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How To Use Capacitors


A capacitor is a component that holds or releases electrical charge. It is like a reservoir, in the same way that a reservoir holds rainwater that can be emptied later, the capacitor can be filled with electricity and emptied gradually over time.

Schematic symbols


The basic symbol for a capacitor is two parallel lines. This can be changed slightly to indicate different types of capacitor. Some capacitors will only work if they are used the correct way around. These are called electrolytic capacitors. The symbol for an electrolytic has to indicate the polarisation of the capacitor. This is done by making one of the lines on the basic capacitor curved. Capacitors that can be adjusted have a line running through them with an arrow on one end.


The value of a capacitor is measured in Farads, though a 1 Farad capacitor would be very big. Therefore we tend to use milli Farads (mF), micro Farads (µF), nano Farads (nF) and pico Farads (pF). A µF is a millionth of a farad, 1 µF = 1000 nF and 1nF = 1000 pF. 1F =1,000mF
1F =1,000,000µF
1F =1,000,000,000nF
1F =1,000,000,000,000pF

The larger electrolytic capacitors tend to have the value printed on the side of them along with a black band showing the negative lead of the capacitor.

Other capacitors (as shown below), which are often smaller, may not have enough space to print the value in full and can use a 3-digit code. The first 2 digits are the first part of the number and the third digit give the number of zeros to give it’s value in pF.


Examples: 104 = 10 + 0000 (4 zero’s) = 100,000 pF (which is also 0.1 µF)

Question 1

Printing on capacitor Two digit start Number of zeros Value in pF

RC Constant

The amount of time taken to charge (fill) or discharge (empty) the capacitor to a given voltage depends upon how quickly charge is allowed to flow into the capacitor. If a capacitor is connected across a battery without a resistor it will charge to the same voltage as the battery almost instantly as the flow of charge is not opposed. If however a current limiting resistor is placed in series with the capacitor the charge is opposed and the capacitor charges at a slower rate. When a resistor and capacitor are used together an RC timing circuit is produced. The RC timing circuit can be used to produce delays, the amount of time taken to get to 70% of the final voltage is given by the resistance times the capacitance.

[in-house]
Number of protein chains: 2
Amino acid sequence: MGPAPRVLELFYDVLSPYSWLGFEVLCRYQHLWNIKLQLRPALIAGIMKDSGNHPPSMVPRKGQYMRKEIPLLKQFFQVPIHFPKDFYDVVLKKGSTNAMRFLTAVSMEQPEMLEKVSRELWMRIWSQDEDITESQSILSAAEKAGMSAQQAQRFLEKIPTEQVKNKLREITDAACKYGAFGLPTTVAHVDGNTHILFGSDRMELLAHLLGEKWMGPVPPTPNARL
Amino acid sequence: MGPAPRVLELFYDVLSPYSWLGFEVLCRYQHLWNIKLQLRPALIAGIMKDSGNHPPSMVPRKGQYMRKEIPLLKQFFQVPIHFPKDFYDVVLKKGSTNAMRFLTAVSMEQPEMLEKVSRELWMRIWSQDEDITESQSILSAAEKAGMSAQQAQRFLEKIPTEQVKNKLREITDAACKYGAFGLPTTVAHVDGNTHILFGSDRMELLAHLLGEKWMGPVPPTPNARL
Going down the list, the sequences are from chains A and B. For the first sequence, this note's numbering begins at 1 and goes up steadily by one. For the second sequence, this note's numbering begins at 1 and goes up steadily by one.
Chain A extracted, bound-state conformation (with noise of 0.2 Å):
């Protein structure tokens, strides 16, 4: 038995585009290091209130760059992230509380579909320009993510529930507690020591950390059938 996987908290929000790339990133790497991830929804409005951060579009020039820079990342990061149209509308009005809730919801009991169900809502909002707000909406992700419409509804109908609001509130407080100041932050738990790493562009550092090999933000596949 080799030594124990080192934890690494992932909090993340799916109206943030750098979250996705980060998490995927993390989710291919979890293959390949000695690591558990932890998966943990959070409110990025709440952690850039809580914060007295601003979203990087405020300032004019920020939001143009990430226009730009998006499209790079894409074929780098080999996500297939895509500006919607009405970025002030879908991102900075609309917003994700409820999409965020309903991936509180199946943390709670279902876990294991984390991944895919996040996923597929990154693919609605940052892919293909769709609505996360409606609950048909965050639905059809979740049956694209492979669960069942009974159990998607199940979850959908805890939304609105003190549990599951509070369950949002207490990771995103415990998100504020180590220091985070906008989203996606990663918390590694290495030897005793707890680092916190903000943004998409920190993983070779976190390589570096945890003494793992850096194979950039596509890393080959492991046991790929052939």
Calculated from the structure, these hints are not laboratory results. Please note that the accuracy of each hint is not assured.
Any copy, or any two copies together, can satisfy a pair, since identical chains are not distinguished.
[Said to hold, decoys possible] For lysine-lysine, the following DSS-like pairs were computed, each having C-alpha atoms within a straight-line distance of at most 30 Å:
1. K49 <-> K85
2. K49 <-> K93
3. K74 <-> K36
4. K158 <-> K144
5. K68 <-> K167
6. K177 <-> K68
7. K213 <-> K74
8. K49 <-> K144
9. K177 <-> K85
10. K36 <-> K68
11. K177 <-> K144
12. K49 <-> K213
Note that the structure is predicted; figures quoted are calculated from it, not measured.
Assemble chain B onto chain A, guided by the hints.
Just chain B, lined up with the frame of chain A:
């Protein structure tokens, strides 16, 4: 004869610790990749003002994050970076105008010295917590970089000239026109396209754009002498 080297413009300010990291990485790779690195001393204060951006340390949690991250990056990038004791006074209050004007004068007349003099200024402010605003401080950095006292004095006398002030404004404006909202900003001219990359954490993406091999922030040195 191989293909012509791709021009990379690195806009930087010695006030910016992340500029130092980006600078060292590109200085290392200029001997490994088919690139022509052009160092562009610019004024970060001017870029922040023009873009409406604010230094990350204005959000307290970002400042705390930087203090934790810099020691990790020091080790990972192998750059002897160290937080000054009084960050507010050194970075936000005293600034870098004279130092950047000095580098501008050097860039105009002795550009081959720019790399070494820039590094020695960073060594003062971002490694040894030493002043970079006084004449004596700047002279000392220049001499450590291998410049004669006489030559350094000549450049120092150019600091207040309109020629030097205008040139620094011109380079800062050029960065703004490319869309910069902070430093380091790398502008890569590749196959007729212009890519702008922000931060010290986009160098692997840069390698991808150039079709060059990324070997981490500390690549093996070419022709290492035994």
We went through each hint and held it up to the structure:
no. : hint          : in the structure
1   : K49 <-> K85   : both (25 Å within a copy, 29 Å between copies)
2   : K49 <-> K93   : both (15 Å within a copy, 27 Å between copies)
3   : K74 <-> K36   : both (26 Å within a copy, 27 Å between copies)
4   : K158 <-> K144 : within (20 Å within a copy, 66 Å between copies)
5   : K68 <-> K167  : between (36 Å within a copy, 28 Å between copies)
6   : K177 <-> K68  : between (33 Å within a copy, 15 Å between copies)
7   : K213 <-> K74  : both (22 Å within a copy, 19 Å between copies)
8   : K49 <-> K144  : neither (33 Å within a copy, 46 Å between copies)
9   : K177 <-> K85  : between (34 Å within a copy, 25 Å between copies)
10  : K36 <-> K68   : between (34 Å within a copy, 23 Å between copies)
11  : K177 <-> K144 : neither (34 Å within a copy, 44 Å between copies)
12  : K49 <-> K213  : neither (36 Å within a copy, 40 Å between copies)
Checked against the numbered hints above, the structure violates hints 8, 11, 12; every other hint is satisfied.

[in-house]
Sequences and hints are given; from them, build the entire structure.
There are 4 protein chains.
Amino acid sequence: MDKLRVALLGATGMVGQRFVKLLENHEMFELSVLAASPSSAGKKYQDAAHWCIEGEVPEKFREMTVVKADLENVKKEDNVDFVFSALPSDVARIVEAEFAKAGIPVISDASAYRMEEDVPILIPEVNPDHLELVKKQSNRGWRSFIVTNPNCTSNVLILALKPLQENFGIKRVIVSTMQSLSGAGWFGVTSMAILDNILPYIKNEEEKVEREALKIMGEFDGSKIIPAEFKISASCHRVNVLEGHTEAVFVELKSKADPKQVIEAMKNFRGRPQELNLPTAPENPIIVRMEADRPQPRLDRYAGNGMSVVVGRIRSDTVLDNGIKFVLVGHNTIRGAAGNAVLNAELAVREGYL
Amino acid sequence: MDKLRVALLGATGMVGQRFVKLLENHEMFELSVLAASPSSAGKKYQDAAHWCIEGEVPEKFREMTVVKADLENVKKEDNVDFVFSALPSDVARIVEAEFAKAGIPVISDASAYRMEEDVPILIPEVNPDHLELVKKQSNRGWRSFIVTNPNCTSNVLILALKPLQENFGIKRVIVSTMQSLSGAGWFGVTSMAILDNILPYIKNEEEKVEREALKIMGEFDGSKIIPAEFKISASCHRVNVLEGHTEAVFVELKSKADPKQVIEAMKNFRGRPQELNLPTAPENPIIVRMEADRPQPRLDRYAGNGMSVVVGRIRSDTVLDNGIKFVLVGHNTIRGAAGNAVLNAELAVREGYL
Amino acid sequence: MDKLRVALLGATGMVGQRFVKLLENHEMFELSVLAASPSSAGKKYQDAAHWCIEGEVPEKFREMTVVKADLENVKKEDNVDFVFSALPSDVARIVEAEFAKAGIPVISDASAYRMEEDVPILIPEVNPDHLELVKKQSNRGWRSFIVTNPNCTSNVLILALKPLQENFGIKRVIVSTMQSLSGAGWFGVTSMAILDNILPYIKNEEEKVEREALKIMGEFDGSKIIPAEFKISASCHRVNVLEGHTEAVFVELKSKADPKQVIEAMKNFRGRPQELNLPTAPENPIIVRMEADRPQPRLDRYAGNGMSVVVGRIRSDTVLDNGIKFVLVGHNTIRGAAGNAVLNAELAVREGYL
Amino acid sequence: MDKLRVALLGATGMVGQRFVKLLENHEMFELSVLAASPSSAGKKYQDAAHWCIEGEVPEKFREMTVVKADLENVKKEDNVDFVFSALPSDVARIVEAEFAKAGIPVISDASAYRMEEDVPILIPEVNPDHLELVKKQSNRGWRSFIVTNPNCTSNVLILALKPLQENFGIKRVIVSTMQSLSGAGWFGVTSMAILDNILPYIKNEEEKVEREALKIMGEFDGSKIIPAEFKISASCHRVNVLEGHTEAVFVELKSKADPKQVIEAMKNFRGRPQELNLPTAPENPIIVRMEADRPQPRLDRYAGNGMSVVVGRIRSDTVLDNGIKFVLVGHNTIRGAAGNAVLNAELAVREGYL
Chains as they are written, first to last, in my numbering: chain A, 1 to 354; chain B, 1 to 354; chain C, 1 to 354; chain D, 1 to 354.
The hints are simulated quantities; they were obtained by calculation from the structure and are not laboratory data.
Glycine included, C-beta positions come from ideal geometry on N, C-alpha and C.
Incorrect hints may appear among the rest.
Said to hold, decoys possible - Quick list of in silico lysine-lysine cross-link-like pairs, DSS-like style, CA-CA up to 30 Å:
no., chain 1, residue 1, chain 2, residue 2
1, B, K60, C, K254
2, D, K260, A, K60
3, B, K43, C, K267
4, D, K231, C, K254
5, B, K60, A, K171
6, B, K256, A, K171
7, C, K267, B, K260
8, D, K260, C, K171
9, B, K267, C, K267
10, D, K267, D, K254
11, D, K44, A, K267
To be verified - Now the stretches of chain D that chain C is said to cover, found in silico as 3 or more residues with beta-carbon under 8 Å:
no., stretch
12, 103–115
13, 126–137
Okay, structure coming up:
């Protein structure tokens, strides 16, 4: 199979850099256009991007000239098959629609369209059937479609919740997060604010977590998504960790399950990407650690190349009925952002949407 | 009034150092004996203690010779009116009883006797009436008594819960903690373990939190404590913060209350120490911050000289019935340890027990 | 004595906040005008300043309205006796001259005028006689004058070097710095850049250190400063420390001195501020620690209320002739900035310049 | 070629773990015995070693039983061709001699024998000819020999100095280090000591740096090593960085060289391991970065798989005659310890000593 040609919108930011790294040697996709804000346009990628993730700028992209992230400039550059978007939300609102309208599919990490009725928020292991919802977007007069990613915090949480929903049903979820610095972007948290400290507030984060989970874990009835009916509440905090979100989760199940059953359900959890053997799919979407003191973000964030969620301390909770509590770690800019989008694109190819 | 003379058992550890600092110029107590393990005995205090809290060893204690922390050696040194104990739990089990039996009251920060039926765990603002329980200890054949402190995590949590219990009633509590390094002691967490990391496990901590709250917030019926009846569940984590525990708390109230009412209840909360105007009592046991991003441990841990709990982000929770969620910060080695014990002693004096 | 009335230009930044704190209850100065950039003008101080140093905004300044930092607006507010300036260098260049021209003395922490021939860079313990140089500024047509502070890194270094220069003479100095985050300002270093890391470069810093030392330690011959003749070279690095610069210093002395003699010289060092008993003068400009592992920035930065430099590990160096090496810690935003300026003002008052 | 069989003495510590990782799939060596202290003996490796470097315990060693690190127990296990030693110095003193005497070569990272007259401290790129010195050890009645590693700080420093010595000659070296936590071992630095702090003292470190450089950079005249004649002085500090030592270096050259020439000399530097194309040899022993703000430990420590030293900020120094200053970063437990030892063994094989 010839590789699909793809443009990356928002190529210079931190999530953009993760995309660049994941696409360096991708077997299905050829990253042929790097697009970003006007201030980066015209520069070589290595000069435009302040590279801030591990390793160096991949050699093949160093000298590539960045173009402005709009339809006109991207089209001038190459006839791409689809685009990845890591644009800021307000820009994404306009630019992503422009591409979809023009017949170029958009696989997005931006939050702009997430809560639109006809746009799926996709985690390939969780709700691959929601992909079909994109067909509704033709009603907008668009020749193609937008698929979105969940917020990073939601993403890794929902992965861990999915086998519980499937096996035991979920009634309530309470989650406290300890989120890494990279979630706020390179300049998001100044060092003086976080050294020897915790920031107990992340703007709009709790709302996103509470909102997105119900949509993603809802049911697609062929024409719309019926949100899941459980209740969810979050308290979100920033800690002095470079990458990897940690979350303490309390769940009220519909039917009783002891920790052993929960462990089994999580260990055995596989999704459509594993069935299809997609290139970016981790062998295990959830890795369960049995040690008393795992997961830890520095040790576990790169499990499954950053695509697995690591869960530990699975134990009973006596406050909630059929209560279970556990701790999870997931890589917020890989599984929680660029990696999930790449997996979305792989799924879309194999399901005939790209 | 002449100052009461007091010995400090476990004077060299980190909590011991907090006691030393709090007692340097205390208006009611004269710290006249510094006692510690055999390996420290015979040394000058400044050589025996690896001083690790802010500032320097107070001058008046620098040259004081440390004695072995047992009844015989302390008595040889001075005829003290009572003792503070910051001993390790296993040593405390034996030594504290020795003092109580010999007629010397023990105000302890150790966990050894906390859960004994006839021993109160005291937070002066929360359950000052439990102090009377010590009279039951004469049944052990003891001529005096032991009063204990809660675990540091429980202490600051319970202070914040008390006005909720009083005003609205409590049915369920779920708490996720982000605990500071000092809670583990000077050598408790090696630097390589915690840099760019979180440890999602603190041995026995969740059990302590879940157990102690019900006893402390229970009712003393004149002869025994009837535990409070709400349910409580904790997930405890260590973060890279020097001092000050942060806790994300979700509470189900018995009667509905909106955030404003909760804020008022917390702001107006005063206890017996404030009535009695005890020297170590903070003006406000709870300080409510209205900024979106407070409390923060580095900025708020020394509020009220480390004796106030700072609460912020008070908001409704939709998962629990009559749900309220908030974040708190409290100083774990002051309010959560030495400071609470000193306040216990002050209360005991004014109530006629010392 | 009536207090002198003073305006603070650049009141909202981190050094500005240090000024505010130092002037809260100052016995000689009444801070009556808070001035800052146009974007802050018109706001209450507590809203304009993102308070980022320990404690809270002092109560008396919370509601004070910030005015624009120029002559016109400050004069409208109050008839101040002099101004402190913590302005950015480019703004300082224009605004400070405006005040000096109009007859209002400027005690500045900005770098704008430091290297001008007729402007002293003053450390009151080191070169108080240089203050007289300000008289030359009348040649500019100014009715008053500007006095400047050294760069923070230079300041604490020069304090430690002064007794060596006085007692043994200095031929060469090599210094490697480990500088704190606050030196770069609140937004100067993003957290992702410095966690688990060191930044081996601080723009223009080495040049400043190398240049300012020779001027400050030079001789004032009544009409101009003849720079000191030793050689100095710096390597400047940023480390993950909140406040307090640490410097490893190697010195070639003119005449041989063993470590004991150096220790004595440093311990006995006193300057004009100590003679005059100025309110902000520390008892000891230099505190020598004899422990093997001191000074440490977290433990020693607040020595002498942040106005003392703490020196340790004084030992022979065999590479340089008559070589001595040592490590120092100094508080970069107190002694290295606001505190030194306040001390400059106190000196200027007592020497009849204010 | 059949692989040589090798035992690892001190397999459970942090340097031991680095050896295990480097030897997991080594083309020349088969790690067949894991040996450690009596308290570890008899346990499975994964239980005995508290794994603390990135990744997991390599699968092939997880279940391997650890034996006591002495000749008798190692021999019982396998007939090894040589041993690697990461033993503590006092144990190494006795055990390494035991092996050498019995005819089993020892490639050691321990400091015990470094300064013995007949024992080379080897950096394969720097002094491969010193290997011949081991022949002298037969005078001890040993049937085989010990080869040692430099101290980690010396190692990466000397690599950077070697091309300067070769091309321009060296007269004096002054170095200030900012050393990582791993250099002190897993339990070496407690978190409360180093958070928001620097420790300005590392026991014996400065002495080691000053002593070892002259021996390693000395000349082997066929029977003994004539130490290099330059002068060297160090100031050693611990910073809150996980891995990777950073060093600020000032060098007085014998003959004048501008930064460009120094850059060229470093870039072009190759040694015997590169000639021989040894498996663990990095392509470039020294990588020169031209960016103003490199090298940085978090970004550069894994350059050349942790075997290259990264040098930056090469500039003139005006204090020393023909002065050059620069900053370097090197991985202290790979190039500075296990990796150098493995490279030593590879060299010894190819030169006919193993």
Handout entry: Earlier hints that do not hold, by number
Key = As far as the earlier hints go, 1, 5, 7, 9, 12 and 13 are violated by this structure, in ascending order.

Example of calculating RC constants: For a 1M resistor and a 100µF capacitor
T = R x C
T = 1,000,000 (1M) x 0.000,1 (100µF)
T = 100 seconds

Similarly an RC of 1 second could be produced with a 10K resistor and 100µF capacitor.

Question 2

Resistor value Capacitor value RC Time Constant
2,000,000 (2M) 0.000,1 (100µF)
100,000 (100k) 0.000,1 (100µF)
100,000 (100k) 0.000,047 (47µF)

Maximum working voltage

Capacitors also have a maximum working voltage that should not be exceeded. This will be printed on the capacitors or can be found in the catalogue the parts came from. You can see that the capacitor below is printed with a 10V maximum working voltage.



Question 1

Printing on capacitor Two digit start Number of zeros Value in pF
222 22 00 2200pF (2.2nF)
103 10 000 10,000pF (10nF)
333 33 000 33,000pF (33nF)
473 47 000 47,000pF (47nF)

Question 2

Resistor value Capacitor value RC Time Constant
2,000,000 (2M) 0.000,1 (100µF) 200 seconds
100,000 (100k) 0.000,1 (100µF) 10 seconds
100,000 (100k) 0.000,047 (47µF) 4.7 seconds



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